Dalacin C Capsules 75 mg or Clindamycin 75 mg capsules
Each capsule contains clindamycin hydrochloride equivalent to 75 mg clindamycin.
For the full list of excipients, see section 6.1
Hard capsule (green/white) with markings of 'CLIN 75 & Pfizer' on cap and body.
Antibacterial. Serious infections caused by susceptible gram-positive organisms, staphylococci (both penicillinase- and non-penicillinase-producing), streptococci (except Streptococcus faecalis) and pneumococci. It is also indicated in serious infections caused by susceptible anaerobic pathogens.
Clindamycin does not penetrate the blood/brain barrier in therapeutically effective quantities.
Moderately severe infection, 150 - 300 mg every six hours; severe infection, 300 - 450 mg every six hours.
The half-life, volume of distribution and clearance, and extent of absorption after administration of clindamycin hydrochloride are not altered by increased age. Analysis of data from clinical studies has not revealed any age-related increase in toxicity. Dosage requirements in elderly patients, therefore, should not be influenced by age alone.
Clindamycin hydrochloride capsules should only be used for children who are able to swallow capsules
Clindamycin should be dosed based on total body weight regardless of obesity.
Doses of 12-25 mg/kg/day six hourly depending on the severity of the infection.
The use of whole capsules may not be suitable to provide the exact mg/kg doses required for the treatment of children.
Dosage in renal/hepatic impairment
Clindamycin dosage modification is not necessary in patients with renal or hepatic insufficiency.
Note: In cases of beta-haemolytic streptococcal infection, treatment with Dalacin C should continue for at least 10 days to diminish the likelihood of subsequent rheumatic fever or glomerulonephritis.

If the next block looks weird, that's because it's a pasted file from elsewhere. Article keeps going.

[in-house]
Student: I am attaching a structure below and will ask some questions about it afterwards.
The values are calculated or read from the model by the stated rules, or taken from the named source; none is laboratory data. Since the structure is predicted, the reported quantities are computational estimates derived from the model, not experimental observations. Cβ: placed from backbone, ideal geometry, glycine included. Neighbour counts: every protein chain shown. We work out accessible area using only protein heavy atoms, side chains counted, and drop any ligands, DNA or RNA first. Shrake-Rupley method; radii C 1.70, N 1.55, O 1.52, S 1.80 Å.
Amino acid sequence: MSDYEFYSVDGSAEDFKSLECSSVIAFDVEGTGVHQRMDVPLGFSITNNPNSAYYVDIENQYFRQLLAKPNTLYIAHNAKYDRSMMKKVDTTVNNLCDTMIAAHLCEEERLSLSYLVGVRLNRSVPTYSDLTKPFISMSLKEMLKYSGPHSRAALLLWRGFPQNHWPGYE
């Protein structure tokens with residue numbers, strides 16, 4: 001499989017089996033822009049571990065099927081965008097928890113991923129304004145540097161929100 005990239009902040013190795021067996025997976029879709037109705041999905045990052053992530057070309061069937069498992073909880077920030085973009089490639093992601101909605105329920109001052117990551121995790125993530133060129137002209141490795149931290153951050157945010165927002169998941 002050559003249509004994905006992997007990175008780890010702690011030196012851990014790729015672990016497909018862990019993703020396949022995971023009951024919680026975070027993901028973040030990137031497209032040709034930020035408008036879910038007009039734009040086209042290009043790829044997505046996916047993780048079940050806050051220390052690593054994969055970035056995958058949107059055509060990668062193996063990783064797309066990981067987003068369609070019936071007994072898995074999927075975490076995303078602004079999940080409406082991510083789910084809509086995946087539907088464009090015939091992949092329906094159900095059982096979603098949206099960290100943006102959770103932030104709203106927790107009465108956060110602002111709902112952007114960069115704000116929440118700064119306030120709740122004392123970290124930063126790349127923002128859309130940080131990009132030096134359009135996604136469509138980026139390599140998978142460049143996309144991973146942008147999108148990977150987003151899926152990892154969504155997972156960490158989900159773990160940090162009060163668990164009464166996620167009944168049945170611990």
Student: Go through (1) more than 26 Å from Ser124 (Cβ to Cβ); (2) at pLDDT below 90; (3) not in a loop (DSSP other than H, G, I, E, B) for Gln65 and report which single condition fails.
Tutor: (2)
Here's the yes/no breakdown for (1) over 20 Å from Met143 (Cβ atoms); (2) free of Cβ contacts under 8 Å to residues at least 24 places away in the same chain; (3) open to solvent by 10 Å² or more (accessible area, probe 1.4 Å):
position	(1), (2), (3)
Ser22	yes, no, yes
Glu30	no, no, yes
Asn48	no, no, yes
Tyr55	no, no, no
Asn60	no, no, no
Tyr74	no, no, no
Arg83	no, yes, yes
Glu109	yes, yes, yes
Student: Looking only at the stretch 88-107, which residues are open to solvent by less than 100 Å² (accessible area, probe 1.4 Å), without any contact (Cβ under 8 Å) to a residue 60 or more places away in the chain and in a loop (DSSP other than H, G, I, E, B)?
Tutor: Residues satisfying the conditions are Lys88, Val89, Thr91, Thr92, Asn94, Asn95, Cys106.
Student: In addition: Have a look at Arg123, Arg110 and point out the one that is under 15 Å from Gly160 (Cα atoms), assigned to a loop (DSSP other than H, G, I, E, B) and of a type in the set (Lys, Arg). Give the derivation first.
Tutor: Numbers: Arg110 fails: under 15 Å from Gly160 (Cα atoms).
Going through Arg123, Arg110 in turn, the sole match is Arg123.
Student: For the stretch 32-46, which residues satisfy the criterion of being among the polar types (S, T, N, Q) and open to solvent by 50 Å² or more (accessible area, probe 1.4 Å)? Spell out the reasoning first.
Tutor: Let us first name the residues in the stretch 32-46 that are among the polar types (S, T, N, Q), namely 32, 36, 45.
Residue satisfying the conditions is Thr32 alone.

Method of administration
Oral. Dalacin C Capsules should always be taken with a full glass of water. Absorption of Dalacin C is not appreciably modified by the presence of food.
Dalacin C is contra-indicated in patients previously found to be sensitive to clindamycin, lincomycin or to any of the excipients listed in section 6.1.
Severe hypersensitivity reactions, including severe skin reactions such as drug reaction with eosinophilia and systemic symptoms (DRESS), Stevens-Johnson syndrome (SJS), toxic epidermal necrolysis (TEN), and acute generalised exanthematous pustulosis (AGEP) have been reported in patients receiving clindamycin therapy. If a hypersensitivity or severe skin reaction occurs, clindamycin should be discontinued, and appropriate therapy should be initiated (see sections 4.3 and 4.8).
Dalacin C should only be used in the treatment of serious infections. In considering the use of the product, the practitioner should bear in mind the type of infection and the potential hazard of the diarrhoea which may develop, since cases of colitis have been reported during, or even two or three weeks following, the administration of clindamycin.
Studies indicate a toxin(s) produced by clostridia (especially Clostridium difficile) is the principal direct cause of antibiotic-associated colitis. These studies also indicate that this toxigenic clostridium is usually sensitive in vitro to vancomycin. When 125 mg to 500 mg of vancomycin are administered orally four times a day for 7 - 10 days, there is a rapid observed disappearance of the toxin from faecal samples and a coincident clinical recovery from the diarrhoea. (Where the patient is receiving cholestyramine in addition to vancomycin, consideration should be given to separating the times of administration).
Colitis is a disease which has a clinical spectrum from mild, watery diarrhoea to severe, persistent diarrhoea, leucocytosis, fever, severe abdominal cramps, which may be associated with the passage of blood and mucus. If allowed to progress, it may produce peritonitis, shock and toxic megacolon. This may be fatal.